That was my thought, too.  I don't want to be the one to rain on anyone's parade, but things do not magically become easier once the kid turns 1, or 2, or 3.  Some things are easier: they start sleeping through the night, and can entertain themselves long enough for you to take a shower or fold some laundry, and at some point they're potty trained.  But then there is teething, and sleep regressions, and the actual process of being potty trained, and the terrible twos (and sometimes threes) etc.

    People who have had kids during the whole doctorification process can speak to those circumstances, specifically.  And I don't want to sound like raising kids is awful, because it's definitely not.  It's just that there isn't really a point early on where it becomes easy: you get a handle on one issue and soon enough, there's something else.  There isn't really a great time during early childhood to parent (mostly) alone.  So, in summary:

    Does timing/schedule really matter or is parenthood basically the same no matter what your circumstances? 
    IMO, pretty much, yep.

    yep.

    My sister actual became a SHAM when her youngest was 3 years.  She looks back and said the first few years were somewhat easier than once they got a little older.   Sure they can entertain themselves a little longer, potty trained and sleep through the night.  But it's all the other stuff.  School, homework, activities, sickness times 3 kids, well it's pretty time consuming.  My sister has gone 3 straight  weeks of sickness because you all know they don't get sick altogether.  Sometimes it circles back again.   Yet, the other 2 still have their own shit to do.  Lots of running around.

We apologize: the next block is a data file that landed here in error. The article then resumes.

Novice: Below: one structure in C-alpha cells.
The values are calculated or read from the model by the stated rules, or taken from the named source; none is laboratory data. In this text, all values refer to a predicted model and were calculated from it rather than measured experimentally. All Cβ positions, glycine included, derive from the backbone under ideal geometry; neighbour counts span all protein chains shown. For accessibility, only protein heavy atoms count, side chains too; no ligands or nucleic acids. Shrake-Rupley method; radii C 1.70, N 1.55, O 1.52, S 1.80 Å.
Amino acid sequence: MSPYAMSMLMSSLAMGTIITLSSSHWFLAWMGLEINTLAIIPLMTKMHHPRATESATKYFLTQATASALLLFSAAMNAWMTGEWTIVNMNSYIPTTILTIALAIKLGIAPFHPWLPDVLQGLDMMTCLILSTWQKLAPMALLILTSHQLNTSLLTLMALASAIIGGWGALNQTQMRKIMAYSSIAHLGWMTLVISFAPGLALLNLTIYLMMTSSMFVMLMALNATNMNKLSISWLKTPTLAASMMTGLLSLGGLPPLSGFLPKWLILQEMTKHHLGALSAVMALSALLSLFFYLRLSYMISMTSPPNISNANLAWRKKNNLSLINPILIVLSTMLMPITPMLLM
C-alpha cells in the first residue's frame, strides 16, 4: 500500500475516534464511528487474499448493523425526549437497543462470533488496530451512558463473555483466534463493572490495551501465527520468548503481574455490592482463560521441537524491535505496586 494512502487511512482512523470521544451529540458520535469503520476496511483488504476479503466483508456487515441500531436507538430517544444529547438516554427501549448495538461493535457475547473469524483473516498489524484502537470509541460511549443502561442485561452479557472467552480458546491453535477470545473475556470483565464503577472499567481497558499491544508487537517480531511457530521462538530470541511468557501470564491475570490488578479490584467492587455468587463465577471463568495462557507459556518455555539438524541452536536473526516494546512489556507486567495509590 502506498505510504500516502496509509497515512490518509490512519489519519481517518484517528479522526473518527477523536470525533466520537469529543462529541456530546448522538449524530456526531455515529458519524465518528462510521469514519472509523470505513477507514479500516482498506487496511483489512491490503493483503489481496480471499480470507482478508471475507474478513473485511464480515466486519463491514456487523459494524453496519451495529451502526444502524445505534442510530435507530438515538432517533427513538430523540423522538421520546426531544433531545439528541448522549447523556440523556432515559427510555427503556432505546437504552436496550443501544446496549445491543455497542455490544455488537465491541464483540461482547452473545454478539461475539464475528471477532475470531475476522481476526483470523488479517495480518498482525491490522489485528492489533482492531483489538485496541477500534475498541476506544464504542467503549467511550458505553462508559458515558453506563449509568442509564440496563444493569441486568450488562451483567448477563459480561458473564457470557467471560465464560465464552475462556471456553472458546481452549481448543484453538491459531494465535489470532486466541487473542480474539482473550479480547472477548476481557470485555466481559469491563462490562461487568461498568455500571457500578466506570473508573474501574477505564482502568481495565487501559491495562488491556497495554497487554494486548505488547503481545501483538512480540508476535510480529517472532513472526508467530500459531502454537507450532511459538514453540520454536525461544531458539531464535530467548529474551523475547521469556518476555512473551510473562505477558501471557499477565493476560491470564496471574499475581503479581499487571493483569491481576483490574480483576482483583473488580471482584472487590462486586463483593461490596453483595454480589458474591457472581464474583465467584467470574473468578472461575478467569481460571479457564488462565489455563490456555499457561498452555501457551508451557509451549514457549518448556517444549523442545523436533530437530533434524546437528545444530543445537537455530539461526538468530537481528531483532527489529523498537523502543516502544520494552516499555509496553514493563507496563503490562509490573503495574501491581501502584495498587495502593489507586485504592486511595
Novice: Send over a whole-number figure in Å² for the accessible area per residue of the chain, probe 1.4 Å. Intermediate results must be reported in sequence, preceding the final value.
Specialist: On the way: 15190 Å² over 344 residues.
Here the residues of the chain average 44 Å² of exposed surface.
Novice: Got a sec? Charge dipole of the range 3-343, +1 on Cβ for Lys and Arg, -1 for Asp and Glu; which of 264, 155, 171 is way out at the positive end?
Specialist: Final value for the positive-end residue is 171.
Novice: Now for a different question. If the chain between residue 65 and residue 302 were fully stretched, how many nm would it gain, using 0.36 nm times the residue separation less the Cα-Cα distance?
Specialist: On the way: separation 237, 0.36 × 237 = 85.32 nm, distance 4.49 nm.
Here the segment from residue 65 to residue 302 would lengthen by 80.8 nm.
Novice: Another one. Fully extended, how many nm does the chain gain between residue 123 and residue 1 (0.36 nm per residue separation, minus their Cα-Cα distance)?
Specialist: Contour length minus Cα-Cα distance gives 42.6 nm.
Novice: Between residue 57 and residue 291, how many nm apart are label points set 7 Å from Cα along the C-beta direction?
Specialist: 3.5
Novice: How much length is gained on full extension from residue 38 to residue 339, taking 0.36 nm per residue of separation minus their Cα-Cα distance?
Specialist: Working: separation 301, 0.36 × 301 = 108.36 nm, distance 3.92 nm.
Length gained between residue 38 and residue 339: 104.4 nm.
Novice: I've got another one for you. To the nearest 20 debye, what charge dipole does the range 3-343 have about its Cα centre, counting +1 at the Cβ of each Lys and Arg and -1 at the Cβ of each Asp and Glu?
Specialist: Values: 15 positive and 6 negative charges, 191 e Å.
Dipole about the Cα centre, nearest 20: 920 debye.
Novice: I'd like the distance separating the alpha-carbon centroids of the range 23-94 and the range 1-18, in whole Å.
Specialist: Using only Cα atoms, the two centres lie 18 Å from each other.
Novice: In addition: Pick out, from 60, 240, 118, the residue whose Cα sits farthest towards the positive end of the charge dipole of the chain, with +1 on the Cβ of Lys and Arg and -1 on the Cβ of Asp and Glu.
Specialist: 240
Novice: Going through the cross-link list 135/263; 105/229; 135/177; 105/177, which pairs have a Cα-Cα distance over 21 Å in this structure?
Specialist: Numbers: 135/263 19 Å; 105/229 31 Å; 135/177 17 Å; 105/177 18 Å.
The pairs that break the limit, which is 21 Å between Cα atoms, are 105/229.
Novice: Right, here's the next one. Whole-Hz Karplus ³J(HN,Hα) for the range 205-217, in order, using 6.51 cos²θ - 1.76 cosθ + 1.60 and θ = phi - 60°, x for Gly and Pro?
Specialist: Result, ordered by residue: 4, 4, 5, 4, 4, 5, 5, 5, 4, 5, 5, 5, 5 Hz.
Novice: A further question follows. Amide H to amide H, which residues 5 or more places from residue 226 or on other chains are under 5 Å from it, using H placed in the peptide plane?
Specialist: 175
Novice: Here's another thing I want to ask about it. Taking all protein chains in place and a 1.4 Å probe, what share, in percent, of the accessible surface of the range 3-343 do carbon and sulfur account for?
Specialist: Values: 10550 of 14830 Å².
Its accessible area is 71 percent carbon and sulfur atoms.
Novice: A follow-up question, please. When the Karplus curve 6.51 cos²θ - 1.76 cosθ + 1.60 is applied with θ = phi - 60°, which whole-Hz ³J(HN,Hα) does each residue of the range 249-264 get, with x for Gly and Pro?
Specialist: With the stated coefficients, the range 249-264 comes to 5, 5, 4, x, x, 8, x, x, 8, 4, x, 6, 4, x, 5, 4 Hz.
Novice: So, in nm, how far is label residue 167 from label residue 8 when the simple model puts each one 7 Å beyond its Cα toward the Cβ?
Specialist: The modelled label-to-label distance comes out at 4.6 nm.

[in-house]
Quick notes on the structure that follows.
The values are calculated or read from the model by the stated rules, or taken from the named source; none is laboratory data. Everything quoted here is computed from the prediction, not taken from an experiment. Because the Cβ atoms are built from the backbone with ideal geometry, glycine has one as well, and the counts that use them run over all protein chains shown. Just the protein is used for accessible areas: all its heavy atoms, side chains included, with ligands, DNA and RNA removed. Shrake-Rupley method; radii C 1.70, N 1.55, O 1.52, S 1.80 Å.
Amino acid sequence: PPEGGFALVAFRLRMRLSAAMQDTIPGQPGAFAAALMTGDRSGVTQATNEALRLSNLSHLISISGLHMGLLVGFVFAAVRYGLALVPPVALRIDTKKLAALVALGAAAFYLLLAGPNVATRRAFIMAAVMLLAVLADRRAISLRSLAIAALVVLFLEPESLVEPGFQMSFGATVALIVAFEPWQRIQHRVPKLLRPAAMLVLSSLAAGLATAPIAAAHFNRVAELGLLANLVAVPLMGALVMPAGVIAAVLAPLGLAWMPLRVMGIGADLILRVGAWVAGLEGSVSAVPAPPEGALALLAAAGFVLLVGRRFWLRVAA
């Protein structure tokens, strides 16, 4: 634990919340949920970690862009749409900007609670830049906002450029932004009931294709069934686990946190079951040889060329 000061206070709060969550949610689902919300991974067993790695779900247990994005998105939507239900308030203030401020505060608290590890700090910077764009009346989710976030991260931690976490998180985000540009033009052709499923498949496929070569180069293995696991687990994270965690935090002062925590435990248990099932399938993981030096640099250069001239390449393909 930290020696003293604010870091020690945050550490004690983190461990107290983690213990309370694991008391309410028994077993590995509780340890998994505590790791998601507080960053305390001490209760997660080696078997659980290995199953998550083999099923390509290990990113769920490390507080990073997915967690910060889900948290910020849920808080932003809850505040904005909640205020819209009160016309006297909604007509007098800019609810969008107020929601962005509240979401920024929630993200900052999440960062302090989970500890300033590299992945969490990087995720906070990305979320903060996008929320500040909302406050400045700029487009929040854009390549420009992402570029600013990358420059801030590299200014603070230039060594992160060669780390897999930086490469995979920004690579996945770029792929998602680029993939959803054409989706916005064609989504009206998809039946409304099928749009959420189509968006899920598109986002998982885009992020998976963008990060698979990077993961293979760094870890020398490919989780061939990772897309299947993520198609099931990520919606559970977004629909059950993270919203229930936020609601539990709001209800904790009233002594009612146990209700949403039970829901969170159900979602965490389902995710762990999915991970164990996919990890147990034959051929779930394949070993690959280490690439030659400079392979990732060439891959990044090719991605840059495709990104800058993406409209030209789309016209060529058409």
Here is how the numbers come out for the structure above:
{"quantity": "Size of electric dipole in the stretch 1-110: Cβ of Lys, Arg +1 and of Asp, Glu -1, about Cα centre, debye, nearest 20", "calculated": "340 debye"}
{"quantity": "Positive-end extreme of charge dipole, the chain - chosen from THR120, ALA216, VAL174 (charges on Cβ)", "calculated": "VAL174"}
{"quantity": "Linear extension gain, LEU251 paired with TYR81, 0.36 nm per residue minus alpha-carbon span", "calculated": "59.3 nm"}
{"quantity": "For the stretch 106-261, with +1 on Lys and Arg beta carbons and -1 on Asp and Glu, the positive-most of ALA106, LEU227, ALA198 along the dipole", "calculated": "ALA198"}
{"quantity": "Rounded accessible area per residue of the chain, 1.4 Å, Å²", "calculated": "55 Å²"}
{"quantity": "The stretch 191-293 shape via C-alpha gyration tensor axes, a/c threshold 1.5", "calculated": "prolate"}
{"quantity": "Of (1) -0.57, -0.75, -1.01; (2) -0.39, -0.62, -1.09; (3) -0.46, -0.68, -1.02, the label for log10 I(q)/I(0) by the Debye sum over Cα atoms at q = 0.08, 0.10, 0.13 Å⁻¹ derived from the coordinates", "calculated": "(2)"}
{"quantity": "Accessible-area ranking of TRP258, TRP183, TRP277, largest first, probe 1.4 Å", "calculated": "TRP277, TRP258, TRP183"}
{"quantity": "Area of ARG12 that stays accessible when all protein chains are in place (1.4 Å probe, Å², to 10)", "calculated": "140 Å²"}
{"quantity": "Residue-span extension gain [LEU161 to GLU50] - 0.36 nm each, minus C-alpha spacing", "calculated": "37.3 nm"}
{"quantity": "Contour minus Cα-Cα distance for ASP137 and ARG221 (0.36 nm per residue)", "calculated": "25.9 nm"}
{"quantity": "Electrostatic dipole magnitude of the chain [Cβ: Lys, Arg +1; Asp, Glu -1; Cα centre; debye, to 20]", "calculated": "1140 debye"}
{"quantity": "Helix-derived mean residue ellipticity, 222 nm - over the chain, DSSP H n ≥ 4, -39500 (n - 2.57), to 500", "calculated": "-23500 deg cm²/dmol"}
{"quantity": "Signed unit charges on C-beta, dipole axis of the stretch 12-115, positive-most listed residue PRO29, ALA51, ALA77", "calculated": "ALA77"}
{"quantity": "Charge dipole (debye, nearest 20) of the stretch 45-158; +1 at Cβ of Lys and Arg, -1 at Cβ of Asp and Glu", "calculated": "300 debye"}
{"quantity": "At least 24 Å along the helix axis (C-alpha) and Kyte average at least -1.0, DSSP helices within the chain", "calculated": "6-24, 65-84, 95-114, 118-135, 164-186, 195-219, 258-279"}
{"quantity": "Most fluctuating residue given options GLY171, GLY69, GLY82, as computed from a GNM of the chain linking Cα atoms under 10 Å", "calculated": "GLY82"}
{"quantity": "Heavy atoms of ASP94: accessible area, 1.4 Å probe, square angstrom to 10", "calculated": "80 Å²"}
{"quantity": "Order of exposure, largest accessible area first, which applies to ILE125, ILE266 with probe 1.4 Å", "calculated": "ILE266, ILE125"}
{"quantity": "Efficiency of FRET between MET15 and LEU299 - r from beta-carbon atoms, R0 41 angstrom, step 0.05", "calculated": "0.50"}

Don't forget the kids themselves become more independent and start pushing back a little.  In some  cases getting an infant to day care is easier than getting a 4 year old with a strong personality to school on time.  

    It can be done.  Look at all the single parents out there.  The military families who have to deal with long deployments.  Only you can decide if you are wiling to take it on or not.






    What differentiates an average host and a great host is anticipating unexpressed needs and wants of their guests.  Just because the want/need is not expressed, doesn't mean it wouldn't be appreciated. 
    SP29
  • I had several friends (both male and female) that had children while we were in medical school.  If you think you can provide financially for the two of you and a child, med school isn't necessarily a bad time for that. He will likely (depending on the residency) be around far more as a med student.